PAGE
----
This past Sunday, I ran the NYC Half-Marathon. It was fun – its my second – ran the Staten Island half back in 2008. This one was definitely much easier though – in large part I believe because a combination of better training and better usage of fluids/ food items. Along the course there were multiple spots for fluids (aka-“Fluid Stations”) offering Gatorade Endurance formula drink and also water. There was also a table where you could get PowerBar gels around the 10th mile or so.
What you don’t generally think about though when you’re running the races is how (freaking) much time and effort goes into getting all that juice, water and gels ready. This shot is from the Brooklyn Half back in 2009 when A and I volunteered to help set up before the race. At 5:30 am (!) we arrived – at the end of May – the path from my Brooklyn apartment to the park lead us across empty streets, skies grey and into Prospect Park where the dew had not yet begun to burn off.
New York Road Runners
9 East 89th Street
New York, NY 10128
Can’t get away this Thanksgiving to your relatives gathering? Try roasting your own turkey this year in the oven.
…and if you don’t have an oven….don’t worry. You can still prepare a turkey! Just do it virtually:
Amorina’s is your basic low-key neghborhood place. It serves rustic pizzas (i.e., free form pizzas with quirky toppings such as pancetta, fried egg, parmesan and black pepper for the “carbonara”), pasta and several simple but delicious appetizers. Having gone a couple times, I have grown very fond of the provolone, olives and cured meats (and tomato) appetizer. The ingredients are just cubed or cut in half and drizzled with olive oil and salt:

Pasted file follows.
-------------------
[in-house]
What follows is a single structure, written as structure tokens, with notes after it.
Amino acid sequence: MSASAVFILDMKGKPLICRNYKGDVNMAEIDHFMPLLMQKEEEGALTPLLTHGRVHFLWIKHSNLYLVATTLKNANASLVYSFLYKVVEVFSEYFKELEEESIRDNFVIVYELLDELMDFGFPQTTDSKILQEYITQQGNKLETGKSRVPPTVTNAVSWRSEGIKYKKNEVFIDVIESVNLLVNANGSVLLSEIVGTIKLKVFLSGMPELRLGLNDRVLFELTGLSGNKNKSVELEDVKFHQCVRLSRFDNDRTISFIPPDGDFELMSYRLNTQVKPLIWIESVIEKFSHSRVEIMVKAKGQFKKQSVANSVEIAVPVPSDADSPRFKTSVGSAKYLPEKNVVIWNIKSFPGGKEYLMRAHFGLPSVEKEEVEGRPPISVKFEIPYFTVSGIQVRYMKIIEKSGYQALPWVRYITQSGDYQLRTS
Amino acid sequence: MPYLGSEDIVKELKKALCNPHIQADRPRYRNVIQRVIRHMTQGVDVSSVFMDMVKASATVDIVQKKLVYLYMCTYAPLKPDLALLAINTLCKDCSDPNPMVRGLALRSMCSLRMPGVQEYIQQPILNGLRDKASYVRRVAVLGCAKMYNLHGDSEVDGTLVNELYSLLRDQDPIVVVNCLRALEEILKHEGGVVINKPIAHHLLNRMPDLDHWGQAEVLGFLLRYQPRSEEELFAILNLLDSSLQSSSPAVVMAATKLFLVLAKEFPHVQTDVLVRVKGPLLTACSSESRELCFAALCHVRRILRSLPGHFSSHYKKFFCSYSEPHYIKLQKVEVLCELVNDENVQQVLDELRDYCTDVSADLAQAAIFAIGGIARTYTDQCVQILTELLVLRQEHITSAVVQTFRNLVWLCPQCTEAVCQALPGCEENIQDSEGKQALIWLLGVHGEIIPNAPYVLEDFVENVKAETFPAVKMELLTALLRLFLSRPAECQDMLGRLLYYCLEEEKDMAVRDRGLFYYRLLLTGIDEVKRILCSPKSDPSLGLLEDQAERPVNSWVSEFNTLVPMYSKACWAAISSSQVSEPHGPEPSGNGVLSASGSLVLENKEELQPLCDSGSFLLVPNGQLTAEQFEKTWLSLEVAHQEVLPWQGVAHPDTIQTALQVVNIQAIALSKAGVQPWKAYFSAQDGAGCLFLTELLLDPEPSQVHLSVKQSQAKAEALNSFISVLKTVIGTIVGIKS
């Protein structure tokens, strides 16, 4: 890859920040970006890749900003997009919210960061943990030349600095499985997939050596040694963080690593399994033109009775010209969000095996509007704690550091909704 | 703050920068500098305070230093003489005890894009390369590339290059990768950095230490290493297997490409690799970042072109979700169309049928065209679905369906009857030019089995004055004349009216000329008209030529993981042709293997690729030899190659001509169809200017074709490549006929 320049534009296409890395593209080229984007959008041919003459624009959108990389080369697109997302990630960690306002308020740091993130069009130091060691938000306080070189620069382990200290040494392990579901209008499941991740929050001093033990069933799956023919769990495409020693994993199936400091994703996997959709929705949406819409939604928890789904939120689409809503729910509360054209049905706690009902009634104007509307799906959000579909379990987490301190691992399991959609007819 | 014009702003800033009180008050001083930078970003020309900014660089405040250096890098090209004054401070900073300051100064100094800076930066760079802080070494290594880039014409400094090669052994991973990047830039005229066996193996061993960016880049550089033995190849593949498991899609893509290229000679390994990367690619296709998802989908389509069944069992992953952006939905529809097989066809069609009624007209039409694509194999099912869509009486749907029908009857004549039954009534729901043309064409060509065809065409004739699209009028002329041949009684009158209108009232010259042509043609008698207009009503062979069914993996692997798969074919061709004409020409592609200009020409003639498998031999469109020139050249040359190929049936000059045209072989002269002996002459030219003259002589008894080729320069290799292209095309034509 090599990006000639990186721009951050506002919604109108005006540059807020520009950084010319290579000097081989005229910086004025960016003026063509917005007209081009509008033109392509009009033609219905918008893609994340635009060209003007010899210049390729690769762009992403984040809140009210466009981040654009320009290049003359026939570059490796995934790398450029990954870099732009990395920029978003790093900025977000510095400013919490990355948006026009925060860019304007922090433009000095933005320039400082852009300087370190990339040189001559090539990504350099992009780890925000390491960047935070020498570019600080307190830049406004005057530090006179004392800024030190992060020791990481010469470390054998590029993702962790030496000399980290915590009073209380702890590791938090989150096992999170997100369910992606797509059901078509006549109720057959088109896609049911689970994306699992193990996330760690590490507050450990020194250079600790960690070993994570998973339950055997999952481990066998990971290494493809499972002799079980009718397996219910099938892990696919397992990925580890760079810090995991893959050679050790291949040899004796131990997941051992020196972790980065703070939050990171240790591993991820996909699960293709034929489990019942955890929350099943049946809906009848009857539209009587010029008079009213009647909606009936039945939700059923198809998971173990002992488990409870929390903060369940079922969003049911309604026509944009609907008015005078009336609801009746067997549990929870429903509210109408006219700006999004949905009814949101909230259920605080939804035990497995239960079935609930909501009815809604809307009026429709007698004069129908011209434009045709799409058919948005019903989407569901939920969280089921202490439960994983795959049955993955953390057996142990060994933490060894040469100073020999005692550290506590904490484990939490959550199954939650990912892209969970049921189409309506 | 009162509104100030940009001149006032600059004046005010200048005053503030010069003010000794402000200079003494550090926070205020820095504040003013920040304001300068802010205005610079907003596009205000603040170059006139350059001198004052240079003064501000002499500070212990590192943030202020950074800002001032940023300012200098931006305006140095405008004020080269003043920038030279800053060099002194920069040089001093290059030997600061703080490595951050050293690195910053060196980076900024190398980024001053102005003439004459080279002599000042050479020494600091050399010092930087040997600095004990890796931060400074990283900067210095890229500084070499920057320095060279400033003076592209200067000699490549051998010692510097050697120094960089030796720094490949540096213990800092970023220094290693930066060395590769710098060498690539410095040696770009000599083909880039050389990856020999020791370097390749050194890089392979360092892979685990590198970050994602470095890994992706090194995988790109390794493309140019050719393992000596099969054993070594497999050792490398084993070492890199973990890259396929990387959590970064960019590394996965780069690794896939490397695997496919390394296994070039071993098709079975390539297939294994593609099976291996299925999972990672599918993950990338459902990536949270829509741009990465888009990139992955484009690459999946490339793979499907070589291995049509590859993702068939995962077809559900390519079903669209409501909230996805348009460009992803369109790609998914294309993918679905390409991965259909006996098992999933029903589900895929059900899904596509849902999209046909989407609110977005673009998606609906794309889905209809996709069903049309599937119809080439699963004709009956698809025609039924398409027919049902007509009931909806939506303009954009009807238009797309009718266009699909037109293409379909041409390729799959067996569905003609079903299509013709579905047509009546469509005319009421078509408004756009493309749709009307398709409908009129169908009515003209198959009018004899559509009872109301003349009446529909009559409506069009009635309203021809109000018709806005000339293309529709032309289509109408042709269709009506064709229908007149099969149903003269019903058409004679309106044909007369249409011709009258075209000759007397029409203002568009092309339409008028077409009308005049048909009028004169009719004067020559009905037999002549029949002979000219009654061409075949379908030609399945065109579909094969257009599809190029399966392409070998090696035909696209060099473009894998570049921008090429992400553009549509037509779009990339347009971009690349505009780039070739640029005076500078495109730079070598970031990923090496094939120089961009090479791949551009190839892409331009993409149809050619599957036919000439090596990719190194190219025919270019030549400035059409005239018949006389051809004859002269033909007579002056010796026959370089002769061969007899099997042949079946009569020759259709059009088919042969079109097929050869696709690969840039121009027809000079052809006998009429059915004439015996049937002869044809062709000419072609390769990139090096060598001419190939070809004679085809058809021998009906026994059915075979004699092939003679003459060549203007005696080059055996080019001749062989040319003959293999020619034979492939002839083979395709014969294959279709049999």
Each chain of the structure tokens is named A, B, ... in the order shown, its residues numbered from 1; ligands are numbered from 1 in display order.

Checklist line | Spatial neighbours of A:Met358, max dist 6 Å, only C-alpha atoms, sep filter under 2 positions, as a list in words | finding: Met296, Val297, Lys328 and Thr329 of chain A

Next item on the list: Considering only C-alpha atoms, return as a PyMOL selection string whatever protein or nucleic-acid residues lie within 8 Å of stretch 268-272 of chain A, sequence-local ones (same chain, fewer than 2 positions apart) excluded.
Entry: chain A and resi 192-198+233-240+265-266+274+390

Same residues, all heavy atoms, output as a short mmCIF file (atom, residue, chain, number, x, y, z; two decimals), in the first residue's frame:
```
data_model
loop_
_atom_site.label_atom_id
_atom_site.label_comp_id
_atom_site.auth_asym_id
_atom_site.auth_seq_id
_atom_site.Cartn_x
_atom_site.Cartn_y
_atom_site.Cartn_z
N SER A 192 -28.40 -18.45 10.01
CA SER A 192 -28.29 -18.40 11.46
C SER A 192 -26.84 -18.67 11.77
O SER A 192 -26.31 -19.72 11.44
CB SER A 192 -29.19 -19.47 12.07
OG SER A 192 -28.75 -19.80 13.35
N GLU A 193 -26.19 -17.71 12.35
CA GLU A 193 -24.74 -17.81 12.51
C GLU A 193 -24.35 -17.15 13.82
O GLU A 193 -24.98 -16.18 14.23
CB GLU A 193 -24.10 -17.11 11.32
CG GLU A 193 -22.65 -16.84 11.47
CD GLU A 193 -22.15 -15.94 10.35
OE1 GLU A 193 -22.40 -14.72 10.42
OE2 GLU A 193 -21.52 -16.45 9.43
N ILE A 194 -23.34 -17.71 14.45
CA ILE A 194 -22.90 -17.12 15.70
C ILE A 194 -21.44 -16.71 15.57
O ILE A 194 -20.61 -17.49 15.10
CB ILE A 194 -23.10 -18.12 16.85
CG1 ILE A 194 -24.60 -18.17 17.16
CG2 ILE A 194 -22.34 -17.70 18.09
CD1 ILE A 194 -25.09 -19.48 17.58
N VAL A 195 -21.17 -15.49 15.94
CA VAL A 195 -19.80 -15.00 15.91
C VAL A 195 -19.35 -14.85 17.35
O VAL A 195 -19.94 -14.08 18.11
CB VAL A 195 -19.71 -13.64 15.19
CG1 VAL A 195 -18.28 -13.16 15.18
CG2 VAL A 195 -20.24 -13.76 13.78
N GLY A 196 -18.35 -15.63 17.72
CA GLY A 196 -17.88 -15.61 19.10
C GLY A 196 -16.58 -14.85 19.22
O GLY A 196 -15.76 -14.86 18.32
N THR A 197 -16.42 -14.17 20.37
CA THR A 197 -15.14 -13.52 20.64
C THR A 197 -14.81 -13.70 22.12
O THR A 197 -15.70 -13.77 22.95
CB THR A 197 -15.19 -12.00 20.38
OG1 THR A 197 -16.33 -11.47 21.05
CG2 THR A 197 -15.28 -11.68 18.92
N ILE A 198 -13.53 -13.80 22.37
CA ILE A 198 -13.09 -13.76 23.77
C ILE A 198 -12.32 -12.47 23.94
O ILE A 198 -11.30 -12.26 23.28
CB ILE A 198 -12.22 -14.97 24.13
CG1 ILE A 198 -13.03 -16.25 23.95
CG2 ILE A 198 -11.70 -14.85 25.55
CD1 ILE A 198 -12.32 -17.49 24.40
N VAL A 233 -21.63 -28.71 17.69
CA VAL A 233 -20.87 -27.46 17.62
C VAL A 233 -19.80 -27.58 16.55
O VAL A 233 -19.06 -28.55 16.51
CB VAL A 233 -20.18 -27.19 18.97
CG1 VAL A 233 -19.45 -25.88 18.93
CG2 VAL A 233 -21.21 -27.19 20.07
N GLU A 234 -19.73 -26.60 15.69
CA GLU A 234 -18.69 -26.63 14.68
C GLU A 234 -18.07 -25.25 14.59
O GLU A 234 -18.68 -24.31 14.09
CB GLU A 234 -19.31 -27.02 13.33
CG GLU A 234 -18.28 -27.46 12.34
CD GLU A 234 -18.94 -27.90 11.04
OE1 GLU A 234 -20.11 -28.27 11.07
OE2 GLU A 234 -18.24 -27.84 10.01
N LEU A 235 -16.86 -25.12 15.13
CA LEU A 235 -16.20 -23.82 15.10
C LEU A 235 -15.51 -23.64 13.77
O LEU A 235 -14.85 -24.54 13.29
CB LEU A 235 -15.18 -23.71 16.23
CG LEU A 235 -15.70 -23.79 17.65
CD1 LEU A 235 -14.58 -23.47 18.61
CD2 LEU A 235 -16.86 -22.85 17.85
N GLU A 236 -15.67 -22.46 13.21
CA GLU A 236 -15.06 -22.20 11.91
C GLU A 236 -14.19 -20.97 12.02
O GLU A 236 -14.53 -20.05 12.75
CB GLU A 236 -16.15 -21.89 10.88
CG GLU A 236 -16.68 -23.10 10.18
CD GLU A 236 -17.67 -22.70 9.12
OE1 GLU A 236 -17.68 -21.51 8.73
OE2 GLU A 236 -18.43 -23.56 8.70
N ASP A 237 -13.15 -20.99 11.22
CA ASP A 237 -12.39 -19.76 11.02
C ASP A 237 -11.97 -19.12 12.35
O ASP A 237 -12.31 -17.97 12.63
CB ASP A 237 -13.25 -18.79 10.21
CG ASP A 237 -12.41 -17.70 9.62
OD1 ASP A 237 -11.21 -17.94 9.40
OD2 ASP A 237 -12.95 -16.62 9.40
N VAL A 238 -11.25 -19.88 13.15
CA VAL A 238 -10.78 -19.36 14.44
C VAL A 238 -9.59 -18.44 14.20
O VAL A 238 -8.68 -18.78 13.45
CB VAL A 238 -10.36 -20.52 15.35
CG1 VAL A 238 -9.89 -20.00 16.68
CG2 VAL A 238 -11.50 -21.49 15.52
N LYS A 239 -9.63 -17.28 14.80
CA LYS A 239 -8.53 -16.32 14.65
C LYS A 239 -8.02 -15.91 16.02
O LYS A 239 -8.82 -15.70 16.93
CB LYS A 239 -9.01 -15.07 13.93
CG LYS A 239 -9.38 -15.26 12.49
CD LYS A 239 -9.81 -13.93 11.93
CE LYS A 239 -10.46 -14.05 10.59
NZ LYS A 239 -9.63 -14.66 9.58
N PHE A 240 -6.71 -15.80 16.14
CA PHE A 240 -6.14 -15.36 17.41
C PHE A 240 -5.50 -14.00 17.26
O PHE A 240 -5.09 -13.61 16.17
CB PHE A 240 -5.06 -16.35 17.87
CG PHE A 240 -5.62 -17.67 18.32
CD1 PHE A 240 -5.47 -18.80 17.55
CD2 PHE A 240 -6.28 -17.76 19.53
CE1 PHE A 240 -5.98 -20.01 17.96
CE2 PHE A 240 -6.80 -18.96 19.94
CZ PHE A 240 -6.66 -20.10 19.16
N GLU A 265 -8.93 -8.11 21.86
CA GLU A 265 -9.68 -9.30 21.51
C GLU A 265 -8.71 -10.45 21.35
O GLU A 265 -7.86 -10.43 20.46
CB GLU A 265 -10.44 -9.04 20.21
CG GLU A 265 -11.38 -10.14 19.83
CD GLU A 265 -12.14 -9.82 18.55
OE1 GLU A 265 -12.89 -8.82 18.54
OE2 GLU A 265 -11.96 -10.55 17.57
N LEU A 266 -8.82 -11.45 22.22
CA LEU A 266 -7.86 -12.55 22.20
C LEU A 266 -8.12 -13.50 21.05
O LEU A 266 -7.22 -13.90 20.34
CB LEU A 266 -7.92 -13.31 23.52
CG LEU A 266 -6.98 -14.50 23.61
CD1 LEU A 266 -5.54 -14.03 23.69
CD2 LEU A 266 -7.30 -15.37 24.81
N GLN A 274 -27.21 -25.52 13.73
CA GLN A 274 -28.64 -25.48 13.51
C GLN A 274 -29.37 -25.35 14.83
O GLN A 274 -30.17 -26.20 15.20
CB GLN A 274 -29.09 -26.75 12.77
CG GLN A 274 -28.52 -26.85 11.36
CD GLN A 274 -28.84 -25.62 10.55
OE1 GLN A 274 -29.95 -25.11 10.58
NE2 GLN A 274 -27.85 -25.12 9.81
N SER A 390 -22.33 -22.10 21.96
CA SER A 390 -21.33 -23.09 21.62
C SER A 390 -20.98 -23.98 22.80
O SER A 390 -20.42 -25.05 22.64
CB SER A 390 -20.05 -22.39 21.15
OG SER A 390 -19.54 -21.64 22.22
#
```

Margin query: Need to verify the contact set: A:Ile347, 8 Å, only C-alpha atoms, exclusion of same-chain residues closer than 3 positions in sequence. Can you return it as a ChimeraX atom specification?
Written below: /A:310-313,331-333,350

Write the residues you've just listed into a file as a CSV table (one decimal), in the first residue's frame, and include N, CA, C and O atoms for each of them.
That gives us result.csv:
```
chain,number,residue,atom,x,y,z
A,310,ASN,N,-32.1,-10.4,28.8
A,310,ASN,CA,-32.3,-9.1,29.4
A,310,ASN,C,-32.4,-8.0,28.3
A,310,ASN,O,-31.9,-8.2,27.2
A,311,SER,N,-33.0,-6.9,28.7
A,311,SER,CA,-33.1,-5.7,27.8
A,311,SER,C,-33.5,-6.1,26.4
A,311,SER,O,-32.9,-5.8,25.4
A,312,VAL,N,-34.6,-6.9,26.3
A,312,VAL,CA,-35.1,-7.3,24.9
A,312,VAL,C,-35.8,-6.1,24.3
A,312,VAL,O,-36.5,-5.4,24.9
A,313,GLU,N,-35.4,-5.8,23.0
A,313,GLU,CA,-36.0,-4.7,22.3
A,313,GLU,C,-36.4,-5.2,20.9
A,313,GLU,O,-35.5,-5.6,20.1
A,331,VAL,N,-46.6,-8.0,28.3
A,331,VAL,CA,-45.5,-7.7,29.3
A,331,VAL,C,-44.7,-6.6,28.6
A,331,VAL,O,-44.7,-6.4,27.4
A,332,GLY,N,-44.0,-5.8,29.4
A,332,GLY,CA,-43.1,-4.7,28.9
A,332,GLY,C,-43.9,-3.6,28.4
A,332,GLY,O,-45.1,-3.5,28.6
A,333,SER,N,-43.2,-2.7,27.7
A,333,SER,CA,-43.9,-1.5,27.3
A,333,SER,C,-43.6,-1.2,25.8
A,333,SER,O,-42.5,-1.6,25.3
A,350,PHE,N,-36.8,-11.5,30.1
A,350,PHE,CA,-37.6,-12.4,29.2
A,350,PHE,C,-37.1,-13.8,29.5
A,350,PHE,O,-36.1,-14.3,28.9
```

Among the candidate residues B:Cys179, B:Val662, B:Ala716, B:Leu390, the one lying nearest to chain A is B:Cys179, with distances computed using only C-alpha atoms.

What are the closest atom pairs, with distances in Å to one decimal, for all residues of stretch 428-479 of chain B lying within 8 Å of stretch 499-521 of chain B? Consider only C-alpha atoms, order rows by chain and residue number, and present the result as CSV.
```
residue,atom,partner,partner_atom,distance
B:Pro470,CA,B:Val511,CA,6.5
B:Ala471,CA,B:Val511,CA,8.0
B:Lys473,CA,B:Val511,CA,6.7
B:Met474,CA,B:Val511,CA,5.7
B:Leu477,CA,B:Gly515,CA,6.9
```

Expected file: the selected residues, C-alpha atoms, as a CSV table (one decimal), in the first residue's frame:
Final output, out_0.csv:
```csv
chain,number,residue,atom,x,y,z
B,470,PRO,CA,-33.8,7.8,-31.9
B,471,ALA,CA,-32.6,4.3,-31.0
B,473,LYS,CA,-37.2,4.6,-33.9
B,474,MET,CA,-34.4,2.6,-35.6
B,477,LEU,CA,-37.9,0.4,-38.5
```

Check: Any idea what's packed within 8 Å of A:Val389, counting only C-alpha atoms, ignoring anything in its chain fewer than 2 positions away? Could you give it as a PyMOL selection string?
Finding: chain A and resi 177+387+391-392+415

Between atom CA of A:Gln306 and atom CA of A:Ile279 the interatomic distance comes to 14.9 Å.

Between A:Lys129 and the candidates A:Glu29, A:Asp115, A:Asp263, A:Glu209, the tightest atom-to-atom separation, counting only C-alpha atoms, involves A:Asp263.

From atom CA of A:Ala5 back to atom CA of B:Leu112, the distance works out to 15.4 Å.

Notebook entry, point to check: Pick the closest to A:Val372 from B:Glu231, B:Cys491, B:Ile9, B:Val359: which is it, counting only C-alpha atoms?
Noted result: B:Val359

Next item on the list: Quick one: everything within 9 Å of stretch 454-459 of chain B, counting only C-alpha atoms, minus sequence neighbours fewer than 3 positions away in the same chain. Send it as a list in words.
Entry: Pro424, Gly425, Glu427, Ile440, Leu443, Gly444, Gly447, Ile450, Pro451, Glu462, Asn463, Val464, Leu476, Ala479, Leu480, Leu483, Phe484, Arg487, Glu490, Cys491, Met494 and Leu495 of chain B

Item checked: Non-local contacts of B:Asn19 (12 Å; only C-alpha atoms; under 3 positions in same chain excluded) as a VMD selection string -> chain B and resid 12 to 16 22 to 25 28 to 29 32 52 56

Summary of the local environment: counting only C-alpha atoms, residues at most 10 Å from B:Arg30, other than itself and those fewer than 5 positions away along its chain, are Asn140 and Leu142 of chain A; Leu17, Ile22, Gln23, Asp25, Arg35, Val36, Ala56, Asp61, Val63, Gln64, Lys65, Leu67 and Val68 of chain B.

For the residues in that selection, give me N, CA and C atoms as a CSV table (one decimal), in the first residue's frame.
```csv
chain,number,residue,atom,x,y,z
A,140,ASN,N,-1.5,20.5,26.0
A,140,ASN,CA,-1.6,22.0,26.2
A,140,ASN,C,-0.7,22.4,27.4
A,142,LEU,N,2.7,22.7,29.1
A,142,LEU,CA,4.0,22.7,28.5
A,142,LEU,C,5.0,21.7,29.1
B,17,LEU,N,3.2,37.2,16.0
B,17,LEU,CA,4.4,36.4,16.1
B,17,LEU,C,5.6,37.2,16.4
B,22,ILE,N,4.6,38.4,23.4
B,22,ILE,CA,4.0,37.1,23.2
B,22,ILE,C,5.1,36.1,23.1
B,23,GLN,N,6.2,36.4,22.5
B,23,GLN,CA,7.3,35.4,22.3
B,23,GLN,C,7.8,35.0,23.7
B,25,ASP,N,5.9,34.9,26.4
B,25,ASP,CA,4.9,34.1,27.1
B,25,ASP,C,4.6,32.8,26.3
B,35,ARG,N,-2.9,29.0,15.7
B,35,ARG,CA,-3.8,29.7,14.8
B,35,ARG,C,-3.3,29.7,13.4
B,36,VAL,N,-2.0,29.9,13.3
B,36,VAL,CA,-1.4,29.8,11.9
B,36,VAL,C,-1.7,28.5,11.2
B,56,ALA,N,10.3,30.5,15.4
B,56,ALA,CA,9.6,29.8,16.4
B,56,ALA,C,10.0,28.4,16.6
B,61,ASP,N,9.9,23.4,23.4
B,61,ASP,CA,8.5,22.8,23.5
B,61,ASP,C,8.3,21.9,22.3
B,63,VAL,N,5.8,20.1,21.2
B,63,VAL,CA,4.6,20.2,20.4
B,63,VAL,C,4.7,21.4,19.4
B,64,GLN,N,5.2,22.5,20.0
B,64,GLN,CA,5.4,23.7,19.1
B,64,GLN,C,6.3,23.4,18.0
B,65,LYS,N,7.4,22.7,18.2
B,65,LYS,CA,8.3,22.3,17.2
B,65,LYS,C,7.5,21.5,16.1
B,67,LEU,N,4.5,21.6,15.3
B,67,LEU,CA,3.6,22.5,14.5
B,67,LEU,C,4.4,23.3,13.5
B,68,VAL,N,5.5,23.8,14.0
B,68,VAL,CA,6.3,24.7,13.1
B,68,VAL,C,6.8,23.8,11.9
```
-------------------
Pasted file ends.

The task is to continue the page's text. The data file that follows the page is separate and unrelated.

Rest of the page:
A. has ordered the capricciosa in the past and enjoyed it. This pizza comes with fresh mozzarella, sausage, artichokes, green olives, mushrooms and rosemary. Wasn’t my favorite as the heat from teh pizza makes the artichokes wilt too much:
Amorina Cucina Rustica
624 Vanderbilt Avenue
Brooklyn, NY 11238-3804
Tel.: (718) 230-3030
Recently my Mom came up to visit. During her visit she left me with a copy of her Everyday Food by Martha Stewart. Now I thought the magazine looked a bit more like a series of ads than a real publication. However, the more I looked at it….while talking on the phone or during commercial breaks etc… the more appealing some of the quick and easy weeknight meals looked.
Here’s the one I tried (above). Its “Penne with Shrimp, Feta and Spring Vegetables”. I adpated my recipe for just using snow peas instead of snow peas plus asparagus and also nixed the mint (I don’t like mint and there was lemon called for regardless).
Coarse salt and ground pepper
12 ounces penne rigate
1 pound asparagus, trimmed, cut into 1-inch lengths
1 pound peeled and deveined frozen shrimp, thawed
8 ounces snow peas, trimmed and halved on the diagonal
3 tablespoons olive oil (preferably extra-virgin)
2 tablespoons fresh lemon juice
2 garlic cloves, minced
1 cup crumbled feta (4 ounces)
1/4 cup thinly sliced fresh mint leaves
First you put a pot on the stovetop and bring the water to a boil for the penne. Next, while that’s heating up, cook the shrimp with olive oil, salt and pepper in a saute pan for about 2-3 minutes (until they turn dark pink throughout). Then add the snow peas (cut diagonally halfway) and garlic to the shrimp in the saute pan.
Once the pasta is done, drain and add olive oil, the lemon juice and the feta. Add salt and pepper to taste, and toss with the shrimp mixture to combine. Serve immediately!! Eek!
It was pretty good for a weeknight meal! I don’t ordinarily make a pasta with snow peas dish. The tastes combined nIcely here.